Italian is the modern language that resembles Latin more than any other modern language. This is because Italian and its many regional dialects developed from Latin, and is part of the big group of Indo-European languages. If you ever traveled to different regions of Italy, you might also notice that Italian does not always sound the same, especially when you go from the mainland to one of the Italian islands. Even native speakers of Italian might sometimes have problems understanding each other when they come from two very different regions. Some people also prefer to call their dialect of Italian a proper language and not just a “dialect”. Of course, this also poses one or the other problem for the non-native speaker who will have to focus on learning the general rules of Italian.
English is not the only language that is spoken in more than just one country. While Italian is not such a universal language, you can still find that Italian can be useful in a number of countries. Of course, Italian is the official language of Italy, but did you know that it is also an official language in Switzerland? Italian is also spoken in Albania, San Marino, Vatican City (which is not part of Italy but an independent country, kind of), Slovenia, Croatia, and in different countries all over the world in which you can find Italian settlements/communities.
Italian is not as hard to learn as other languages because the pronunciation is quite straight forward and unlike with Japanese, Chinese, or Russian, you do not have to learn a completely new way of writing. Our modern technology also makes it quite easy to find ways of listening to the language spoken by native speakers without ever having to set foot into a language class in a school. So, there are plenty of ways to learn: You can get a book about Italian that comes with audio CDs, or you could sign up for one of the excellent online Italian classes.
However, the best way to truly learn the Italian language is by being amongst Italians or at least by having an Italian teacher.
When you are in Italy, not all signs on doors will have English translations. So make sure you know the meaning of those words:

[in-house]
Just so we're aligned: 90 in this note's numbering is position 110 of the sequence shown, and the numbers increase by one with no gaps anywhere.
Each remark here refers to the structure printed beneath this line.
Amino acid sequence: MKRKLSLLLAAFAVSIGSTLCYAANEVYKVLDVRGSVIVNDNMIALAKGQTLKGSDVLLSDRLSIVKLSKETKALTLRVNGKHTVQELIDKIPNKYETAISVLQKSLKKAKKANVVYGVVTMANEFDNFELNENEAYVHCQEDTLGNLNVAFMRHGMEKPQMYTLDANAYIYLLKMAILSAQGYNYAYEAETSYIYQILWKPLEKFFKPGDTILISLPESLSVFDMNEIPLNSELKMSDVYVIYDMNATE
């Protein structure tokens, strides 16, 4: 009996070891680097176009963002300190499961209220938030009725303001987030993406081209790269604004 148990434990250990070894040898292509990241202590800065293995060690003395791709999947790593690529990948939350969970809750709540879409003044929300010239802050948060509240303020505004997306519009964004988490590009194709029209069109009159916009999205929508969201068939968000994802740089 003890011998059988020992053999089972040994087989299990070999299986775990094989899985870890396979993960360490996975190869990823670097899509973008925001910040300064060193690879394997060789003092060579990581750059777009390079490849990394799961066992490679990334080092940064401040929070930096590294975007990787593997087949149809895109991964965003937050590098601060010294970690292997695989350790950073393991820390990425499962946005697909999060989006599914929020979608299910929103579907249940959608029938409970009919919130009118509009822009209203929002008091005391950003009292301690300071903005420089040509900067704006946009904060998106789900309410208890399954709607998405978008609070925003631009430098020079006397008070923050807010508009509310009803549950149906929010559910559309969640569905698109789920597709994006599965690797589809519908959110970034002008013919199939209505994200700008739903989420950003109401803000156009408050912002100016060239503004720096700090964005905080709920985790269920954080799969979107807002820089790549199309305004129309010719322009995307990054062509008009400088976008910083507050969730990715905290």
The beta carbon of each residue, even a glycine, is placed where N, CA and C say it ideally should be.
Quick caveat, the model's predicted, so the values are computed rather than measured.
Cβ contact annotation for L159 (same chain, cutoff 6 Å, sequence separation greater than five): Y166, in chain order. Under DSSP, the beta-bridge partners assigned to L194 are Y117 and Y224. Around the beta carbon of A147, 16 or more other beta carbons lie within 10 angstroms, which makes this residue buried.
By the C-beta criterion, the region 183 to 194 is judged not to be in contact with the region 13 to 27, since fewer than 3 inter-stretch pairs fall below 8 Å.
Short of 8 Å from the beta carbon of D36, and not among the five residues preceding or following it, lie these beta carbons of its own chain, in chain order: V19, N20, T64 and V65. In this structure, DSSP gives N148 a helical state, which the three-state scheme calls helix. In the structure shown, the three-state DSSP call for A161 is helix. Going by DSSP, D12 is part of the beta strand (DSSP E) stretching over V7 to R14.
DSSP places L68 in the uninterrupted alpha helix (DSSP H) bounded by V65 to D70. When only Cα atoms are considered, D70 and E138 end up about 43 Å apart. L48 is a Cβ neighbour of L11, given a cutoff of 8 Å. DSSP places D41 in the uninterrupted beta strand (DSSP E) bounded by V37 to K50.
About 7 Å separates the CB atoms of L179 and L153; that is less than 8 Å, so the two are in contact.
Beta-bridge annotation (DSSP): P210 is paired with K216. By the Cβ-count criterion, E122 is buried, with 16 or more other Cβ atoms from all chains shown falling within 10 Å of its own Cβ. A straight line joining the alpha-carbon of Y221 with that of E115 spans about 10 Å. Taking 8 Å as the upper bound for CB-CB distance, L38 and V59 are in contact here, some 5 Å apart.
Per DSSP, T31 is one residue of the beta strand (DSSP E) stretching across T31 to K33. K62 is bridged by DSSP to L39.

|Non Fumatori||No Smoking|
|Proibito||Forbidden (i.e. do not enter, do not step on, do not touch etc.)|
If you don't want to learn Italian, but would like to know a few basic phrases for the next time you encounter someone Italian (maybe because you would like to go to Italy for a holiday), then the following phrases and words might come in handy.
|Parla Inglese?||Do you speak English?|
|Buon Giorno||Good morning/afternoon|
|Buona Sera||Good evening|
|Buona notte||Good night|
|Come sta? (one person)||How are you?|
|Come state? (asking more than one person)||How are you?|
|Dove si trova....?||Where is....?|
|Possa fare fotografie?||Can I take photos?|
|Quanto costa?||How much does it cost?|
|Non parlo italiano.||I don't speak Italian.|
|Mi chiamo...||My name is...|
Here are some sayings that you might want to learn and use to impress Italian people.
|A chi fa male, mai mancano scuse.||Who does evil, is never short of excuses.|
|Aiutati che Dio ti aiuta.||Help yourself, then God will help you, too.|
|Amor non conosce travaglio.||Love never tires.|
|Amor tutti fa uguali.||Love makes all men equal.|
|Badate a’ fatti vostri!||Mind your own business!|
|Belle parole non pascon i gatti.||All those words won't feed the cat.|
|Chi ama, crede.||The one who loves, trusts.|
|Chi cerca mal, mal trova.||The one who looks for evil usually finds it.|
|Ogni pazzo vuol dar consiglio.||Each fool is full of advice.|
|Tutte le strade conducono a Roma.||All roads lead to Rome.|
|Tutto è bene che riesce bene.||All's well that ends well.|
|Un bel morir tutta la vita onora.||A noble death is to honour the whole life.|